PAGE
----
Congress Expected to Approve U.S. Personnel in Sinai but First Wants Many Questions to Be Answered

Although Secretary of State Henry A. Kissinger has publicly asserted he does not expect that Congress will reject an agreement to station American civilian personnel in the Sinai, Middle East specialists at the Capital today indicated approval may be granted but Congress has many questions it wants answered first, that there are many reservations and passage will not be simple.

Under the proposal that still has to be spelled out by any of the three parties involved, United States civilians will operate electronic monitoring posts in the Sinai between Egyptian and Israeli lines to observe troop movements. Their observations presumably will be relayed immediately by Washington to both Cairo and Jerusalem.

At the Capital, the Jewish Telegraphic Agency was informed that leaders of Congressional subcommittees responsible for observing Middle East affairs are deeply concerned about the possibility of Soviet reaction. They are also raising questions whether the agreement will bind the U.S., Israel and Egypt or whether it will be within the UN aegis.

While Congressional sources felt the majority in Congress would welcome movement towards a Middle East peace they want to know what would happen if U.S. civilians become involved in a dispute. “It would be unfortunate,” one source said, “If one side or the other recriminated against the U.S.” Responsibility and accountability of the monitors must be clearly defined, the JTA was told.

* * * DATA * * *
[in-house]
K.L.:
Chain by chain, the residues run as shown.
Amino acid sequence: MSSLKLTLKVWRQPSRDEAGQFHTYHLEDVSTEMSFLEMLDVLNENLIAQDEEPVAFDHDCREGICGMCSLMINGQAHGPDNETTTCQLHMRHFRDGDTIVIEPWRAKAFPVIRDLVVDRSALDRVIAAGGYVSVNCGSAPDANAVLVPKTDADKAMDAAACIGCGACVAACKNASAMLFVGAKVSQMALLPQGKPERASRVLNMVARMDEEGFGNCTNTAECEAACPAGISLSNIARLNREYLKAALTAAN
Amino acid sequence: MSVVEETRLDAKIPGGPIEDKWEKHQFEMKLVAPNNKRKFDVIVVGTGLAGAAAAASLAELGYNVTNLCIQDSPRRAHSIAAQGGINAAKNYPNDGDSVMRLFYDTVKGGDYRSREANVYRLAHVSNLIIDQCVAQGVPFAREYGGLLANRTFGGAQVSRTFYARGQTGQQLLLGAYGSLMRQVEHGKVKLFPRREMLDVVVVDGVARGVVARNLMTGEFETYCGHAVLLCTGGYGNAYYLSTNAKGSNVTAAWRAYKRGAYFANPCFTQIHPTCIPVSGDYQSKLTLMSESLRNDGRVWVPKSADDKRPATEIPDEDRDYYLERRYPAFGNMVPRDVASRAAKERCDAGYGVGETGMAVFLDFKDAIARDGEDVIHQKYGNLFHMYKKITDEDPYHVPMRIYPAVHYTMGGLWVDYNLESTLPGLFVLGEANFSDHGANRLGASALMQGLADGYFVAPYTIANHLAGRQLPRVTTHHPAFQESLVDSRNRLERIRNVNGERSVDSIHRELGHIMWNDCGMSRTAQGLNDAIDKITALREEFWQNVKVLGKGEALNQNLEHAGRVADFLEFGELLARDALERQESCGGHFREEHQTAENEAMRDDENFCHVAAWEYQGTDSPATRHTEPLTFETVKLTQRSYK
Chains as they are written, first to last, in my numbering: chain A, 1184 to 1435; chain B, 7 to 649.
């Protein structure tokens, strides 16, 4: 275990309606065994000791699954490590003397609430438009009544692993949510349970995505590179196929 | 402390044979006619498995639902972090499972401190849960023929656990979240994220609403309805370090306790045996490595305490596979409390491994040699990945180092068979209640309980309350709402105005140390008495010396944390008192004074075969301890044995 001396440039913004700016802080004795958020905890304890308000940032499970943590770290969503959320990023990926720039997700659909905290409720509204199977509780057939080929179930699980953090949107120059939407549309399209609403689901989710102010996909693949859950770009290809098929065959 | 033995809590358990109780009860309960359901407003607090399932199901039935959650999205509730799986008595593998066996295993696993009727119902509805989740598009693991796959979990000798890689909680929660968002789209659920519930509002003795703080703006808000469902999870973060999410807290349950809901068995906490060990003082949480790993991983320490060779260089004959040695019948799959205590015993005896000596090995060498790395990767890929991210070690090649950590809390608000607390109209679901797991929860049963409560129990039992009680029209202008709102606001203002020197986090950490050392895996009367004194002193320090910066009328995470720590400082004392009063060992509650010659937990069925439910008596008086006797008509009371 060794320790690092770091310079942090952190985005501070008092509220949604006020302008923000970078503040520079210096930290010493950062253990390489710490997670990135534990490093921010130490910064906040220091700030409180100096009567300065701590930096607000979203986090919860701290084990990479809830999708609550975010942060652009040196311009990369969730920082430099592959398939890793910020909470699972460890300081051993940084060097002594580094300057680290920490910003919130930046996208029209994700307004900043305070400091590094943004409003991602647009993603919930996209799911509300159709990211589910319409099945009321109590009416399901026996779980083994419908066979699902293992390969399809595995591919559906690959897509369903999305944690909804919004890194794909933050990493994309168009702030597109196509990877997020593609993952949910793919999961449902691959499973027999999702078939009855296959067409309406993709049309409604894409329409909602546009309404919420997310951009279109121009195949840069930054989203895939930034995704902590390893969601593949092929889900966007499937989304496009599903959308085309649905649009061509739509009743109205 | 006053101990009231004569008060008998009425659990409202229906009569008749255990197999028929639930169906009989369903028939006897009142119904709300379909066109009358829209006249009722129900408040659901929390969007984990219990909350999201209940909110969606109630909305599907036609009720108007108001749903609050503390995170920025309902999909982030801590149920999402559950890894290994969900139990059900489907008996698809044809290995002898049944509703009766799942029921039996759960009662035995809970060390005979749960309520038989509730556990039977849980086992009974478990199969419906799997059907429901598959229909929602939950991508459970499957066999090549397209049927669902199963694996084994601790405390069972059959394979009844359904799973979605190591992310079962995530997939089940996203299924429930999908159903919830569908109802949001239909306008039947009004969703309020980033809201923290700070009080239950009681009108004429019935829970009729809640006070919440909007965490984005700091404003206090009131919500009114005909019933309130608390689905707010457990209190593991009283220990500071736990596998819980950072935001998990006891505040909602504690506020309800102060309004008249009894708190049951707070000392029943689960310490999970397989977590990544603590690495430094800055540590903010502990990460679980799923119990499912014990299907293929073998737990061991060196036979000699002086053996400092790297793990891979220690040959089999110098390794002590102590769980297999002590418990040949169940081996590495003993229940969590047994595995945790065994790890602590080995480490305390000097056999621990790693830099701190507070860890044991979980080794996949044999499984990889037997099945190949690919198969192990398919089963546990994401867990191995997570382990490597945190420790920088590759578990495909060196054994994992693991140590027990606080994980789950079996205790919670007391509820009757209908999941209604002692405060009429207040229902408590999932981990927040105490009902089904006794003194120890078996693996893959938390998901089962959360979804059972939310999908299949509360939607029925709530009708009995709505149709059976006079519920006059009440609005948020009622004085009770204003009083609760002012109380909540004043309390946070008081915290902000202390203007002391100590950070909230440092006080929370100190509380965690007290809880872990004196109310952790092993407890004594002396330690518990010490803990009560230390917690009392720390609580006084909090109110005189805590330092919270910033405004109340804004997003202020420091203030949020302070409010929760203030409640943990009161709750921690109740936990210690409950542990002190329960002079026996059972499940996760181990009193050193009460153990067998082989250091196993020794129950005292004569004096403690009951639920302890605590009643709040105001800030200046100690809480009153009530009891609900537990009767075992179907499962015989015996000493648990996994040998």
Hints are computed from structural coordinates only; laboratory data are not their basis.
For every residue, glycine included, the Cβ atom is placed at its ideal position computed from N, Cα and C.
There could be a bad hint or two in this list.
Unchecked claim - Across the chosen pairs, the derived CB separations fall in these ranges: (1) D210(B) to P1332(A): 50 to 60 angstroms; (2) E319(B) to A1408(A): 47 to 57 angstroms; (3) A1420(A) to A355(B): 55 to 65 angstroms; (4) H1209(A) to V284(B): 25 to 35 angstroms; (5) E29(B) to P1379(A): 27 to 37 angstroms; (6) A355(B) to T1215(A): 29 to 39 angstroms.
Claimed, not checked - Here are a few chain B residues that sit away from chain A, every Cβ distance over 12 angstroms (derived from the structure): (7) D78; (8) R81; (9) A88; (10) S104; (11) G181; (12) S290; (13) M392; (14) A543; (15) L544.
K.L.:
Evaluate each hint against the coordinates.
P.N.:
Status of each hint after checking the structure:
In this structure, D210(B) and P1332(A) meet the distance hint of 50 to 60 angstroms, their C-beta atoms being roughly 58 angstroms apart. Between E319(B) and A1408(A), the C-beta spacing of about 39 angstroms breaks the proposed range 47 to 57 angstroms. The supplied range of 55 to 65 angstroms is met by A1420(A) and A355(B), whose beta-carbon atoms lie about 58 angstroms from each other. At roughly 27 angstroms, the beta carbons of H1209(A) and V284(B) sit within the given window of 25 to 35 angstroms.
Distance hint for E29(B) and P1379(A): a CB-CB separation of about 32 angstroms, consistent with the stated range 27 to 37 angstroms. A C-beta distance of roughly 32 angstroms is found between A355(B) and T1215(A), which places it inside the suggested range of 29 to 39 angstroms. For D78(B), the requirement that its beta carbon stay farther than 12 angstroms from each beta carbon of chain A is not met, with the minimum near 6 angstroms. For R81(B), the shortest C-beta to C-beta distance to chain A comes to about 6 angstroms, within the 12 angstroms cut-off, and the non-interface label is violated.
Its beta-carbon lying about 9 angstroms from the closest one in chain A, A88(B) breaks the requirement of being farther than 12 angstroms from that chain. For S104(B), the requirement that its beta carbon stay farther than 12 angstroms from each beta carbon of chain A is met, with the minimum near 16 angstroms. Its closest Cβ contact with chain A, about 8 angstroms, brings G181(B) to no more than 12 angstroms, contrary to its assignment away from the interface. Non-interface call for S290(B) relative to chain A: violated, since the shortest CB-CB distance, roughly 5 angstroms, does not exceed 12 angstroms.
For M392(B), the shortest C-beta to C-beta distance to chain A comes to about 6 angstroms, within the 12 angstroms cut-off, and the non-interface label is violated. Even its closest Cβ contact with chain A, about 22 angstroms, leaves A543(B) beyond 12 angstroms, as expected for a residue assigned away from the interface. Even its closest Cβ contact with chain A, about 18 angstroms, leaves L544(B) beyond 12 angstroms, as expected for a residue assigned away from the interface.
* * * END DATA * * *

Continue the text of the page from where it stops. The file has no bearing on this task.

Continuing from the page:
The use of civilians instead of uniformed personnel is largely symbolic, a source observed. “Americans are still Americans,” he said, Some noted that if Kissinger returned from the Middle East with an agreement, Congress would hardly be in a psychological position to reject it because of an official American presence in the Sinai. “It would be like playing against a shooter with loaded dice,” one source said. “Congress could not win.”

AFFIRMS CONGRESS WILL HAVE TO AGREE

Meanwhile, State Department spokesman Robert Funseth cautioned again today that the agreement for a second-stage withdrawal by Israel in the Sinai has not yet been reached, but affirmed that once it is the sections dealing with U.S. participation will be submitted to Congress for its endorsement by a vote.

The agreement is expected to be completed during Kissinger’s visit to the Middle East. Funseth said that the agreement would not be implemented until Congress approves the role of U.S. personnel. Congressional hearings and debates in both Houses may entail considerable time, and it is highly uncertain how long this will take. Kissinger expects the number of American civilians to be about 100. Some put the figure at about 200.

Asked whether the entry of American personnel in the Sinai may not bring about a Soviet demand to send technicians into the Middle East, perhaps in the Golan Heights, Funseth replied that the Soviet are being kept informed of the talks.

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